Intelligent, loyal and affectionate, Clumber spaniels are easy to love and are wonderful family pets. They don’t require a huge amount of exercise but they shed, snore and drool. It can be difficult to find a Clumber puppy, but those that do manage to source a dog will be rewarded with a fabulous companion boasting distinctive looks.
Which breed group is the Clumber spaniel in?
Breed group: Gundog
Clumber Spaniel breed history
Clumber Spaniels are named for Clumber Park, the estate of the Duke of Newcastle who developed the breed in the UK. However, it isn’t known where these dogs originated or what breeds their ancestors were. They date back some 250 years and have always been valued for their hunting skills. Until the middle of 19th century, the breeding of the Clumber Spaniel was mostly restricted to the nobility. During World War I breeding was stopped entirely, causing numbers to decrease rapidly. In 1925, King George V re-developed a line of Clumbers in the Royal Kennel and they were used in the fields of the Sandringham Estate. The breed is now identified as vulnerable by the Kennel Club as there are less than 300 registrations each year.
Clumber spaniel breed characteristics
Clumbers are heavier than other spaniels and boast dense silky coats which may be lemon and white or orange and white. They have large, square heads, heavy brows and square muzzles. Their eyes are expressive and their ears hang slightly forward. Clumbers have thick, powerful necks, strong shoulders and muscular bodies. Their feet are round and their tails are set low, are well-feathered and are carried level to the dogs’ backs.
These intelligent dogs are easy to train and are good with children. They build strong bonds with people and tend to get on well with other dogs. They are, however, easily bored and may become destructive if left to their own devices. They can be wary of strangers but are never aggressive towards them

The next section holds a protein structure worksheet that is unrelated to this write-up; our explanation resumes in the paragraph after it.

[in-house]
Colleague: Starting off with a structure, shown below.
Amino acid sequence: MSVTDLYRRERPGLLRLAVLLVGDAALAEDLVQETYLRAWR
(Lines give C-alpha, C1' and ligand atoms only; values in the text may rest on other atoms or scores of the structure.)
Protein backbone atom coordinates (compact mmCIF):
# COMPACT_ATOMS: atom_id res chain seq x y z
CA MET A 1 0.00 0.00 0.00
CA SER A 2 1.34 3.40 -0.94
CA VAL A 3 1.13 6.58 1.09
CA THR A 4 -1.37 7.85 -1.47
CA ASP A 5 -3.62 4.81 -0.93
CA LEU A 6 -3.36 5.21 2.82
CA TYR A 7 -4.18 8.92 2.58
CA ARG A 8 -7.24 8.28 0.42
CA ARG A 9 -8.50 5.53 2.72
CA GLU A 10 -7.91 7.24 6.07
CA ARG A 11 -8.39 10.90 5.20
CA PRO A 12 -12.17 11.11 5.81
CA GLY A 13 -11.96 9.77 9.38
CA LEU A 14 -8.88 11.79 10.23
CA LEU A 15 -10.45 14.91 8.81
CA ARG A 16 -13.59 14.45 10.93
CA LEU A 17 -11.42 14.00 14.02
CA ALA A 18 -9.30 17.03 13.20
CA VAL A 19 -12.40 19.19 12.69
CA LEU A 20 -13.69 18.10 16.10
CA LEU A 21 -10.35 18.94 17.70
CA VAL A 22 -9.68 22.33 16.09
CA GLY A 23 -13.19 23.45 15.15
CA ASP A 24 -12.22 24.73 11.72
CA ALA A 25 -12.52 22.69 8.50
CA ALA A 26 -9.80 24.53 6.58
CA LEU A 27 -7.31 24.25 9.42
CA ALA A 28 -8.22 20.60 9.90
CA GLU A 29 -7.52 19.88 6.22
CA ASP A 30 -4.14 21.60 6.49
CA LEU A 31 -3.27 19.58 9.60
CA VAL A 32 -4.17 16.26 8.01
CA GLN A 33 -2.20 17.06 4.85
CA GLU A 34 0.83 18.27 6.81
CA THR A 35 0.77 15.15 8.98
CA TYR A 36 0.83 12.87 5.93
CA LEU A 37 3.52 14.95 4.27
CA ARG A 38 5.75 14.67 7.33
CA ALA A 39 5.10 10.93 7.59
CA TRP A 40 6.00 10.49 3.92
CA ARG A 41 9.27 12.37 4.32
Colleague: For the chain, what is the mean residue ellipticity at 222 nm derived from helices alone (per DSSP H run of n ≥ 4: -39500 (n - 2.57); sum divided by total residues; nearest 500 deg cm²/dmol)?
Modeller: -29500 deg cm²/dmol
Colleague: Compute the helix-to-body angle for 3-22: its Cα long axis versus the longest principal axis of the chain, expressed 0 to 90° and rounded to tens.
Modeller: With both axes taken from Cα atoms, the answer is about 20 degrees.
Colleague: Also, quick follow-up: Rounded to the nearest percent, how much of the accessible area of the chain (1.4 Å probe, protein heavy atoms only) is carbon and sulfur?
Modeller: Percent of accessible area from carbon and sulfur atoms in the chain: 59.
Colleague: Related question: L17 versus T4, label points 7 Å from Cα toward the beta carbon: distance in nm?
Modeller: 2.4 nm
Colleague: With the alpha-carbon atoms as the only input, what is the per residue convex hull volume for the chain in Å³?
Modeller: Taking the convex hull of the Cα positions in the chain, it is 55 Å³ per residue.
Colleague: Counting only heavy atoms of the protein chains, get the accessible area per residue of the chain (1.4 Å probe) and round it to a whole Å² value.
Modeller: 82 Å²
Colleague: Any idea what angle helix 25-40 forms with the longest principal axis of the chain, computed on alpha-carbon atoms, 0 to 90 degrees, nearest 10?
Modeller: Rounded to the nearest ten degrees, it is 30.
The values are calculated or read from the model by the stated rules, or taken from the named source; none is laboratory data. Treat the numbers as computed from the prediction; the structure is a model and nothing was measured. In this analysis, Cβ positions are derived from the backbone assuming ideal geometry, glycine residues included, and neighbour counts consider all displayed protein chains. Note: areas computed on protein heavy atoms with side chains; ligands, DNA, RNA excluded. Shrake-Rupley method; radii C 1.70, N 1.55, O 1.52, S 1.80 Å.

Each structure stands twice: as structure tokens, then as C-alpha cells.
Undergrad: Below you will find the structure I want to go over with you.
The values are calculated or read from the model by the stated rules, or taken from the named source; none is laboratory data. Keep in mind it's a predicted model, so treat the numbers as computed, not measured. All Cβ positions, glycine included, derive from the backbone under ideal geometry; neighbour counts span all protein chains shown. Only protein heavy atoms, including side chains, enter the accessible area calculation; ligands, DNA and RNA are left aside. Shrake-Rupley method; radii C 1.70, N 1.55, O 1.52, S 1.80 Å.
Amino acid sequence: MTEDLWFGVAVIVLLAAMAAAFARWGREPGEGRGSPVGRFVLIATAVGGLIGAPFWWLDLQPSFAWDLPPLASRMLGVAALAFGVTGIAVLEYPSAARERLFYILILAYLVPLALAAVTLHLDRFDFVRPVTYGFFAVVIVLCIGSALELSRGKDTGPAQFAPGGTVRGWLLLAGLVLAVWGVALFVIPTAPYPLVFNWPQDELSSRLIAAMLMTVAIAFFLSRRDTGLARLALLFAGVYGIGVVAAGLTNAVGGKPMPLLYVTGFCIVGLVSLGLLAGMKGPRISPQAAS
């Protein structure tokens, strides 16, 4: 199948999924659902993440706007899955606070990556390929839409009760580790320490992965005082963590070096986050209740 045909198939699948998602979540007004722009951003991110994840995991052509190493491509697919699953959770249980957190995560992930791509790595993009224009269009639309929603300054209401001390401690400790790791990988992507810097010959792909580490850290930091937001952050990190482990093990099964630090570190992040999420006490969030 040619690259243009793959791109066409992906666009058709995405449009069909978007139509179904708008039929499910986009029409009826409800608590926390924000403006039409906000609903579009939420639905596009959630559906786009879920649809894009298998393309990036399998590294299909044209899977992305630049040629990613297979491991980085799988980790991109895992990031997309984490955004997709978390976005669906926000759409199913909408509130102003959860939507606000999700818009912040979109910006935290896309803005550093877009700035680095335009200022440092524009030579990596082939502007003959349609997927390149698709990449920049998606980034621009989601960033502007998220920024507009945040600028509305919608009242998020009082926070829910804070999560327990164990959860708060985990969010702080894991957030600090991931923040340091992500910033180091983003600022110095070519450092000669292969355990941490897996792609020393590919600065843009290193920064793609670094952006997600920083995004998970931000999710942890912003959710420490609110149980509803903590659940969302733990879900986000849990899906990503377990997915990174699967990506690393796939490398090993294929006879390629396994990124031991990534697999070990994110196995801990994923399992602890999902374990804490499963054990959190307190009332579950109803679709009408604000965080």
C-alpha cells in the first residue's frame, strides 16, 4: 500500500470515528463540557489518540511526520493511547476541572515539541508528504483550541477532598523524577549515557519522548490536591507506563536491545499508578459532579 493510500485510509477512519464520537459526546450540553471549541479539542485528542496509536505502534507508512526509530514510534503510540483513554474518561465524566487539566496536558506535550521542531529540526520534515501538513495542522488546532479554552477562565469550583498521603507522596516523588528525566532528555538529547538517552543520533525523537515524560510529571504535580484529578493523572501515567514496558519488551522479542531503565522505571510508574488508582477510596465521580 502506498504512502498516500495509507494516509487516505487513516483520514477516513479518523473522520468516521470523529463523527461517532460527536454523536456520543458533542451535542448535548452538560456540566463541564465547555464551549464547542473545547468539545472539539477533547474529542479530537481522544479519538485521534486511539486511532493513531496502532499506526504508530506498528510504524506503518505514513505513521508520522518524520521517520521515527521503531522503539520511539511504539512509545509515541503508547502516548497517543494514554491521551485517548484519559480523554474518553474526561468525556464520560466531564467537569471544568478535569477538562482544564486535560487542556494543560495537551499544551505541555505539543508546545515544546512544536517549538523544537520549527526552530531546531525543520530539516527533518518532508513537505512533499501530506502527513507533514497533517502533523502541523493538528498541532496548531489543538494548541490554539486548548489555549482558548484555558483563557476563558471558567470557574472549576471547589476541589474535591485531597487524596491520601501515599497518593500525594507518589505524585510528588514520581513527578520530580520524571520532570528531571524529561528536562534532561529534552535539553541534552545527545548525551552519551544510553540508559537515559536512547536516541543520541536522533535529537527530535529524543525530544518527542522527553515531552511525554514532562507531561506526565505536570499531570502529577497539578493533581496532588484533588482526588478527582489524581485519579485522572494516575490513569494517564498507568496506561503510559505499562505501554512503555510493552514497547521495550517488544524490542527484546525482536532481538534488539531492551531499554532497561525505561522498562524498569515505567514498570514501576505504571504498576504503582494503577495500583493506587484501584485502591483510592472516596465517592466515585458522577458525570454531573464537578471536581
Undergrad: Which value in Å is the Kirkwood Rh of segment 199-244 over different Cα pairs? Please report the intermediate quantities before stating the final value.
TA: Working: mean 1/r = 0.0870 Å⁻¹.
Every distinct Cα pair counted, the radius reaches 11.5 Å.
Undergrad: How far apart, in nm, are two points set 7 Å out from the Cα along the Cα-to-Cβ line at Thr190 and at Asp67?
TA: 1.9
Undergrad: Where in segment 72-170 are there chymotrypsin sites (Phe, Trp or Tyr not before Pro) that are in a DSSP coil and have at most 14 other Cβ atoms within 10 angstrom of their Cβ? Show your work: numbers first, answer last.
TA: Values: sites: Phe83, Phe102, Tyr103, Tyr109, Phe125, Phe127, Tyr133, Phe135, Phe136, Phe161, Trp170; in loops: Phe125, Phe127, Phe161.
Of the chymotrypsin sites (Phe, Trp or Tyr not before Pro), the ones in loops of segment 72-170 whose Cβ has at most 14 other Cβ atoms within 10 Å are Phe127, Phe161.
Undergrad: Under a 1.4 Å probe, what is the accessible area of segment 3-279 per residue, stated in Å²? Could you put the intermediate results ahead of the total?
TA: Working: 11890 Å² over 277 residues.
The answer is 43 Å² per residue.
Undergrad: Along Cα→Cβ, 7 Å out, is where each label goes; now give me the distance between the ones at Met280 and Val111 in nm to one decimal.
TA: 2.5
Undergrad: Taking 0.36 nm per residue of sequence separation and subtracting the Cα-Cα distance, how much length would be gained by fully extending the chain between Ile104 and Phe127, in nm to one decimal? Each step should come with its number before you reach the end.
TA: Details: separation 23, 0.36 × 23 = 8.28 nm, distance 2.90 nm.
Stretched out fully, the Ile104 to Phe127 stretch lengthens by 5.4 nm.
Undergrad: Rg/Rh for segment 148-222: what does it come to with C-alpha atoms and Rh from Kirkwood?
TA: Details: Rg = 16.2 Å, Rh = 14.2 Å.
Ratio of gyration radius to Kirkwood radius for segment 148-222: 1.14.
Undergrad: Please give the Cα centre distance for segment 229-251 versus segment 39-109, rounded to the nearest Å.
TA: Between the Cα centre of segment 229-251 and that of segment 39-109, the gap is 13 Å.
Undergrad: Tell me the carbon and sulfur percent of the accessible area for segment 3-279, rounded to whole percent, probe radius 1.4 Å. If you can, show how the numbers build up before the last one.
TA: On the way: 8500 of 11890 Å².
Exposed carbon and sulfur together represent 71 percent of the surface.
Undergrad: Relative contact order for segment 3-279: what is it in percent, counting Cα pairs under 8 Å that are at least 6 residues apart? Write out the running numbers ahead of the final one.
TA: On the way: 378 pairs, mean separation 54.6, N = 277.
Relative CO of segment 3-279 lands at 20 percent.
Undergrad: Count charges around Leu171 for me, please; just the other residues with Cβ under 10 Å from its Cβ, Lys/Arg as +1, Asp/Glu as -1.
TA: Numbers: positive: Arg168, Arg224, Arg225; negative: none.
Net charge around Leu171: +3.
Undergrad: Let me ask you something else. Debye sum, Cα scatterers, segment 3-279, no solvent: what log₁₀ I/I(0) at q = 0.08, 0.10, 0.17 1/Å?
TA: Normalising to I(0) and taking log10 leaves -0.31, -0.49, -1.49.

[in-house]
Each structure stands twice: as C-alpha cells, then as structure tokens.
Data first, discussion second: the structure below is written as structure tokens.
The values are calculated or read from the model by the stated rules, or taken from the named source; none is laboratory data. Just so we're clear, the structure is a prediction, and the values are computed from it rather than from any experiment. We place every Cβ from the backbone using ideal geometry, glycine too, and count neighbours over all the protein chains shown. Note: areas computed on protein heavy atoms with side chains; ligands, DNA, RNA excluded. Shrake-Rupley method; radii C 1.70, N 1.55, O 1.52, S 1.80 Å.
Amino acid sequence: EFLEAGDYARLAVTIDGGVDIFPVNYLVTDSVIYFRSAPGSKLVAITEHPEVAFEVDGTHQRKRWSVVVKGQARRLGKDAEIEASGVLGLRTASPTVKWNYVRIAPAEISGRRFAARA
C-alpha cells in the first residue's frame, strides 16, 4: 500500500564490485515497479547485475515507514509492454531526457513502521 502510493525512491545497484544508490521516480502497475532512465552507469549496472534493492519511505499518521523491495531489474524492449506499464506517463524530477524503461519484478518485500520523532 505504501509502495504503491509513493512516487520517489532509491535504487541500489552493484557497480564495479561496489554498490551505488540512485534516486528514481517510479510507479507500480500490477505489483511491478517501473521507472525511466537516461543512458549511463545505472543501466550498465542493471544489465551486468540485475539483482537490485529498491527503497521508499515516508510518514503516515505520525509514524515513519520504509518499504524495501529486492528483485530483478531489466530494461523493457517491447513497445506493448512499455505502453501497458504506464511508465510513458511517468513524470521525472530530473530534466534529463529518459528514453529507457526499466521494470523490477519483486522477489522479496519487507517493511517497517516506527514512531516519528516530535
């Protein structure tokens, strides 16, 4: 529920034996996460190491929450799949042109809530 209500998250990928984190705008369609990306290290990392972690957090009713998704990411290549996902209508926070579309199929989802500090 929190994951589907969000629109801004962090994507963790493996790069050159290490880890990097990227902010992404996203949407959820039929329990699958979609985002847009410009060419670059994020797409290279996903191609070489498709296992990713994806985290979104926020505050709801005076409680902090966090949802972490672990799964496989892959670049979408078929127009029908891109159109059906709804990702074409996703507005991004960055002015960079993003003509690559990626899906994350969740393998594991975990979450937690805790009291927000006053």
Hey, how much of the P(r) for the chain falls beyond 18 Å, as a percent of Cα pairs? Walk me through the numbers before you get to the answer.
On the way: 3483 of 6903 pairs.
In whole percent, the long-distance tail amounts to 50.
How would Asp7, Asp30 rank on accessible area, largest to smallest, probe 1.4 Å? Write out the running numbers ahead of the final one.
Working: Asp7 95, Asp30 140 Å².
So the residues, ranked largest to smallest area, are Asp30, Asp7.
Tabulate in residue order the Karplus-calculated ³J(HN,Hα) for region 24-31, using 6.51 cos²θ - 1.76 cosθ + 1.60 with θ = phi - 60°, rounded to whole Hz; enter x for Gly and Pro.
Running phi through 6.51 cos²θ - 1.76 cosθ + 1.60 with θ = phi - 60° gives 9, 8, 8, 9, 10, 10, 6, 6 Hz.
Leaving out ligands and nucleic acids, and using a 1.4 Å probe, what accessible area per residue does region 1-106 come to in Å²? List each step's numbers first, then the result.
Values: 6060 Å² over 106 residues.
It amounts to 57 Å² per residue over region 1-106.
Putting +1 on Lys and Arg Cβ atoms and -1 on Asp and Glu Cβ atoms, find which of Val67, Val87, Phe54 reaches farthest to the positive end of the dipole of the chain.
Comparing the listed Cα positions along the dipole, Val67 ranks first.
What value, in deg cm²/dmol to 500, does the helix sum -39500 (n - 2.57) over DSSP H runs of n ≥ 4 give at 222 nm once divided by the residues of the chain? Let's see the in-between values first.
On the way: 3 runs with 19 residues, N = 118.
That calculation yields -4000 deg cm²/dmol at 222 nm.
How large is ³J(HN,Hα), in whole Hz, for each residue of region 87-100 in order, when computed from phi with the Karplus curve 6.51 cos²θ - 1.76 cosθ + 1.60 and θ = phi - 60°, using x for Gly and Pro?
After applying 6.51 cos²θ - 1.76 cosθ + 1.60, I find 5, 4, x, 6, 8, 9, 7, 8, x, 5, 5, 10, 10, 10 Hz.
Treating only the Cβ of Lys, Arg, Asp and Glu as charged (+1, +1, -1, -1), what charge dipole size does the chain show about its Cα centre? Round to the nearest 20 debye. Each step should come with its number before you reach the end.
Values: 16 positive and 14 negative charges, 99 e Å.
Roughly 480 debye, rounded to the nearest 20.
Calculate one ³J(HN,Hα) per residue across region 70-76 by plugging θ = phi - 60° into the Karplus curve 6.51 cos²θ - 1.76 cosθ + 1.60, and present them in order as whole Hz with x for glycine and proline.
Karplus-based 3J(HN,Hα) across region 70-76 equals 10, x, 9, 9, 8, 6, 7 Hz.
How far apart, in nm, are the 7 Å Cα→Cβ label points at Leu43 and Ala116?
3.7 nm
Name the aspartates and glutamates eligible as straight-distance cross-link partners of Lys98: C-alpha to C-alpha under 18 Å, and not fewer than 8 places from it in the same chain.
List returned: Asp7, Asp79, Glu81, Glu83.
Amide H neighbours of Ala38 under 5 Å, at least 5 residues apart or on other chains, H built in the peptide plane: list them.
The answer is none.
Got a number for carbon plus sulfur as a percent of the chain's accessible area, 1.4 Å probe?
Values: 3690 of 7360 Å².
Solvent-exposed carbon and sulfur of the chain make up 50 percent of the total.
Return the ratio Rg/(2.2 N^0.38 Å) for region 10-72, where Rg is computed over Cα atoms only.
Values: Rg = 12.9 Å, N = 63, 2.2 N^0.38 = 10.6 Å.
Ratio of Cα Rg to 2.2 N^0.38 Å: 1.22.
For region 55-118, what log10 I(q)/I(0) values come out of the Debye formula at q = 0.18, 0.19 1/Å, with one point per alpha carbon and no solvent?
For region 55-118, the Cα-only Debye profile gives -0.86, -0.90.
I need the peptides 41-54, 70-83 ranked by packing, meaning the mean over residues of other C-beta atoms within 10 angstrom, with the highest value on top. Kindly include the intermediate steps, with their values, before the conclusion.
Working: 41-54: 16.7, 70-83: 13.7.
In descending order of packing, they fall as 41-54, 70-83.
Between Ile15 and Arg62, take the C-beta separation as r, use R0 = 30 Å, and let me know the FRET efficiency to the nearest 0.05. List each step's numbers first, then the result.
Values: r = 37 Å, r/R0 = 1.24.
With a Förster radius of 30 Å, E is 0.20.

- Lifespan: 9-15 years
- Height: up to 51cm
- Weight: up to 34kg
- Powerfully built
- Square heads
- Heavy brows
- Square muzzles
- Expressive eyes
- Round feet
- Feathered tails
- Easy to train
- Easily bored
- Wary of strangers
Health issues with the Clumber spaniel
This heritage breed is prone to a number of hereditary and congenital health issues as follows:
- Hip dysplasia
- Elbow dysplasia - dogs should be tested
- Pyruvate Dehydrogenase Phosphatase 1 Deficiency (PDP1)
- Intervertebral disc disease
- Autoimmune hemolytic anaemia
- Anal Gland impactions
- Skin allergies
- Dry eye
- Ear infections
- Umbilical hernias
- Uterine inertia
- Exercise induced collapse
What is the Clumber spaniel bred for?
These dogs were bred by the nobility as hunting dogs for their estates. Clumbers are still utilised for hunting and as show dogs. They are excellent pets but their limited numbers make it hard for prospective owners to find a puppy.
What sort of owners does the Clumber spaniel suit?
Loyal and affectionate, these large spaniels are great pets which are easy to train. They are very affectionate and good with children and so are excellent choices for families or inexperienced owners. They do not suffer from separation anxiety but are easily bored and so may be destructive in the home if left on their own. As such, they are not ideal for households where there isn’t at least one person who is at home all day.
Potential owners should consider that clumbers shed copiously and can be a little stubborn. They tend to slobber which could prove annoying and they snore! Clumbers require only moderate amounts of exercise but do need plenty of metal stimulation. They are best suited to living with families who are not too house proud and can live happily in both the countryside and urban environment.